Tuesday, December 8, 2015

Who'd Have Thought It?

This is the next post of our trip post Japan.  It took place in September but I only managed to write these notes a couple of months later.  For contemporaneous reports, take a look at Track My Tour -- a brilliant app that I used to ... well, track our tour.  Here is the link.

The real reason for coming to Louisiana was for our friends' wedding in New Orleans.  Mark and Kerri had met here so they wanted to tie the knot here too.  Nice.

I hadn't been to NO for 20+ years and hadn't really been that impressed last time I came.  I thought it dirty and pretty sleazy and for the most part if you stay on Bourbon Street, that is exactly what it is like still.  However there is plenty to like about the place too and this time we found it.

What is it about guys with guns?
By chance our Kiwi friends Bruce and Linda were also here!  Small world, eh?  We'd been emailing about something random and Bruce had mentioned he'd be in NO some time in September between a golf trip, holiday and some meetings.  What date, Bruce?  Well this date.  Whoa, same as us.  Where are you staying?  At the Ritz.  Whoa, same as us!  

First thing was to avoid the water!  Brings it home to you how low lying NO really is.  On the way down the highway from White Castle, we drove over a seemingly endless causeway over a lake or swamp, I think a bit of both.  The road itself wasn't that much above the surface of the water so anything like a storm (don't mention the 'K' word around here) would simply wash everything away and of course that is actually what did happen…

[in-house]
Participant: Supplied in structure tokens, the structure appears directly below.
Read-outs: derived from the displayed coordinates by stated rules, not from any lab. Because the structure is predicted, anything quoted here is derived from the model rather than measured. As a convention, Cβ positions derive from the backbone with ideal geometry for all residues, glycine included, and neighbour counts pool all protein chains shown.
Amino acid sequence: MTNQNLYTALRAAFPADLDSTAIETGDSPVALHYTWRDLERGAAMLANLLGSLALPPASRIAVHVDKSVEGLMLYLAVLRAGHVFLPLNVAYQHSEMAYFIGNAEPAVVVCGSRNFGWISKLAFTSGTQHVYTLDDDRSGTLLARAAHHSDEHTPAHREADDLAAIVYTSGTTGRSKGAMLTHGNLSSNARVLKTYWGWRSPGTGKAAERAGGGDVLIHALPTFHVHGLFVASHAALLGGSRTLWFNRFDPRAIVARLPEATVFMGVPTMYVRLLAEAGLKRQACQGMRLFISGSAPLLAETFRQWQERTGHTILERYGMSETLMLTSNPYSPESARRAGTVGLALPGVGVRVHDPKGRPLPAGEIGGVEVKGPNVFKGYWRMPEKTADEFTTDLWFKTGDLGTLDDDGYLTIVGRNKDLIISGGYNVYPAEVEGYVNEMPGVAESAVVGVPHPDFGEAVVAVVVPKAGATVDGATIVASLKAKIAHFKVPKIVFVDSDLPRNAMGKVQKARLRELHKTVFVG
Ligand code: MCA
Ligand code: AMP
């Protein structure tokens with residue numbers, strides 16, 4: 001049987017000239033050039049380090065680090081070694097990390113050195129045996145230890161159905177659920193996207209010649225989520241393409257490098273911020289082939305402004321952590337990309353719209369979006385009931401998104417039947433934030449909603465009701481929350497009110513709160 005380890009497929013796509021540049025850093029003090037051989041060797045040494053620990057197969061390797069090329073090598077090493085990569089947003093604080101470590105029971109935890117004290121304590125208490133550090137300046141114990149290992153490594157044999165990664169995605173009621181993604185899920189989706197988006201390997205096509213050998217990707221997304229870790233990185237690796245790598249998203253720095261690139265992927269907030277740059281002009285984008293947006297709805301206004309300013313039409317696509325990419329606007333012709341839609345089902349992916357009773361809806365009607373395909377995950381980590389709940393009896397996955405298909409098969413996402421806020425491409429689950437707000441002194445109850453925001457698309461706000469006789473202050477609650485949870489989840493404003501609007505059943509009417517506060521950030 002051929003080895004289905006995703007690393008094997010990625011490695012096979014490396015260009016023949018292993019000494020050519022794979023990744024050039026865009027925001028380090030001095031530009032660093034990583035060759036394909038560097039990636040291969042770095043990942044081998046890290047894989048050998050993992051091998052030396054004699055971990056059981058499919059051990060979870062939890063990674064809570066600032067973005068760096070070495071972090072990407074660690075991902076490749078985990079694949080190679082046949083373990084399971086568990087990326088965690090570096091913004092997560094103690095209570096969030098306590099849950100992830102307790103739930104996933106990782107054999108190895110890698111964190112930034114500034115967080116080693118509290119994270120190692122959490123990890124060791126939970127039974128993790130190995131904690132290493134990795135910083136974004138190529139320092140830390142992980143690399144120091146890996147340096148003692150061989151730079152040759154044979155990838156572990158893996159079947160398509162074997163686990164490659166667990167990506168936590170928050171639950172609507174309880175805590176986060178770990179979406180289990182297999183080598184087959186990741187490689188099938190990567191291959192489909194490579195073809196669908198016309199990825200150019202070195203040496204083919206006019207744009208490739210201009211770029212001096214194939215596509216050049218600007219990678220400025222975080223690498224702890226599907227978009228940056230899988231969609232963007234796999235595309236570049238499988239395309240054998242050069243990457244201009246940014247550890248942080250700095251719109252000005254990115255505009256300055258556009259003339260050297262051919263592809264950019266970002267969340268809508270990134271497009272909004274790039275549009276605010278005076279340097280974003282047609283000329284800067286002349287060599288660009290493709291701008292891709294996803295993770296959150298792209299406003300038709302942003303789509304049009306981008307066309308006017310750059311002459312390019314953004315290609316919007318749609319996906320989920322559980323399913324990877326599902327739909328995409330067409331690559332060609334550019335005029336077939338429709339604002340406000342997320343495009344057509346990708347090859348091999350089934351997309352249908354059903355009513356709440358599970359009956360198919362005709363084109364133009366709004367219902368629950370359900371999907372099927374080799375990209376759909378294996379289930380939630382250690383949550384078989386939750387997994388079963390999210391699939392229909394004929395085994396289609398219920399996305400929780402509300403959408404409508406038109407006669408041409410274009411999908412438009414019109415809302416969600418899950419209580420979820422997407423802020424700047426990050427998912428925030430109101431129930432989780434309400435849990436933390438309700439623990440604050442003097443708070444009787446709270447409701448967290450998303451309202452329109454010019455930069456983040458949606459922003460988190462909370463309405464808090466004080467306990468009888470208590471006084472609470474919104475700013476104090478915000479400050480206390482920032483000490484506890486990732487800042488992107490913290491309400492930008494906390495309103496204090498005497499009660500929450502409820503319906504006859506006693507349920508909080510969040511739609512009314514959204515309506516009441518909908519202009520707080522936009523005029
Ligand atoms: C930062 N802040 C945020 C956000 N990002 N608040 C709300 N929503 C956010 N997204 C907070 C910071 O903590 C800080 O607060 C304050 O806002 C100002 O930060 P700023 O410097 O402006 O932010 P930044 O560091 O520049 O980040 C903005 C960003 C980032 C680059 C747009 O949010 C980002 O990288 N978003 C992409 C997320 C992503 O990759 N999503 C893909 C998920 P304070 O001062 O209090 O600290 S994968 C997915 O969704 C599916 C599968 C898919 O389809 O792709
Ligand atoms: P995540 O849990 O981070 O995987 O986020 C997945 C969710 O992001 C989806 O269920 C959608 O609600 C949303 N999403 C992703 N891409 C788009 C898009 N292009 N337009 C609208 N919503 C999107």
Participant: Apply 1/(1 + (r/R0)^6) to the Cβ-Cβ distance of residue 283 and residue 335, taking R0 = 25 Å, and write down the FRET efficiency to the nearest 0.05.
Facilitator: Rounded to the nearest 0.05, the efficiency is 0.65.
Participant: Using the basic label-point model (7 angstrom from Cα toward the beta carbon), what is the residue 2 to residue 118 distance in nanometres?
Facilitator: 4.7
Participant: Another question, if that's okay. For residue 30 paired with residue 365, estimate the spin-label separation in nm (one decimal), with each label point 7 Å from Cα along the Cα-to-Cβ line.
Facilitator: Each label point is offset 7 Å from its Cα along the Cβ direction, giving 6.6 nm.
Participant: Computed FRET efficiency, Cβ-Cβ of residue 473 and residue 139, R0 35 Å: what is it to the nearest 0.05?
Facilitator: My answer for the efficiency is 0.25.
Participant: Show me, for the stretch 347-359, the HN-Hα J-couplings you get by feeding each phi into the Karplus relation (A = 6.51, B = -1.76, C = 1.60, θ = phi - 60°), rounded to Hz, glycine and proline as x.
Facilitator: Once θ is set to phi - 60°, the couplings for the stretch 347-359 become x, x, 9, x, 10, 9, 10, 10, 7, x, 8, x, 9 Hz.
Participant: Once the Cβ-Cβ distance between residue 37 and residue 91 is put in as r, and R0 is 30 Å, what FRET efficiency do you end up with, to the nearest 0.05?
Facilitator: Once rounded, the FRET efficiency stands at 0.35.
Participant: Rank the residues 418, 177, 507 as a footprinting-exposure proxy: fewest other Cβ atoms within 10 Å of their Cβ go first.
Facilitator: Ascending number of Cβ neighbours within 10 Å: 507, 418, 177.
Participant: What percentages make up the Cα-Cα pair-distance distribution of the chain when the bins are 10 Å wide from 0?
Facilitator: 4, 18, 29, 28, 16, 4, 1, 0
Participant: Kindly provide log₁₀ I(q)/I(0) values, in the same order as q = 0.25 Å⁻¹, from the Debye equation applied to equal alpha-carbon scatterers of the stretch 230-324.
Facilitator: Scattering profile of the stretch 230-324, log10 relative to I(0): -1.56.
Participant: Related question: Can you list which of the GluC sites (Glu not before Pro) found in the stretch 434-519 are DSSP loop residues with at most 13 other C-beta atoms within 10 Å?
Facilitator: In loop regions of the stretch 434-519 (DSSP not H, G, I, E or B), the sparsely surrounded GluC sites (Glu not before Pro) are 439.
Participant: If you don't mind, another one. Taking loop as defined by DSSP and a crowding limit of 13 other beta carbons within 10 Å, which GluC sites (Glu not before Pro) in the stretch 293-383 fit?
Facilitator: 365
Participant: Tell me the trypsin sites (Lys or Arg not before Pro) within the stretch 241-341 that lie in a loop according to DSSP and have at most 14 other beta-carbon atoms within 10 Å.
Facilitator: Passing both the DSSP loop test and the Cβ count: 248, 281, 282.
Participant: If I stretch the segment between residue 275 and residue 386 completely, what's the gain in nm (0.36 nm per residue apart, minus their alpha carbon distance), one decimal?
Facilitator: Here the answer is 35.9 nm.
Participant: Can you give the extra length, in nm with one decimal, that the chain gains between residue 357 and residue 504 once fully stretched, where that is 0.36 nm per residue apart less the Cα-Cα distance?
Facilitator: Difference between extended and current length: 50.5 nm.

This was where the canal walls broke and let the water in during Katrina.  Pretty low lying!
OK then
So don't drink the water then.  Fine.  The Ritz provided bottled water for everyone.  It must have cost them a fortune as we went through 20 a day… they were little bottles though.

So the architecture.  Yup, very French or rather vieux carre as they say here in NO!  If you keep on Bourbon Street, about the middle of the grid layout going the length of the old town, you'd find endless bars, restaurants and really weird gift shop type stuff.  OK Halloween was a month away here but I think it would be a place to avoid at that time as some of the people emerging at night time were really off the wall.

Typical vieux carre architecture

With Linda and Bruce we did a self guided tour, a bus tour and visit to the really good National WWII museum in the newer part of town.

Everybody had their opinions which way to walk.  You should have heard the yapping...
OK so I have to mention the 'K' word… Katrina. There I said it.  It swamped the city with some parts, the poorer ones of course, one in particular called District 9 still under renovation 10 years later.  It is happening but slowly.  At its height, population was 490,000 but after the storm it fell to 390,000 with many people never coming back.  It has crept back up to 430,000 now as people move in to pick up bargains.

An abandoned home in District 9.  They put red crosses on the doors to signify when a home is unoccupied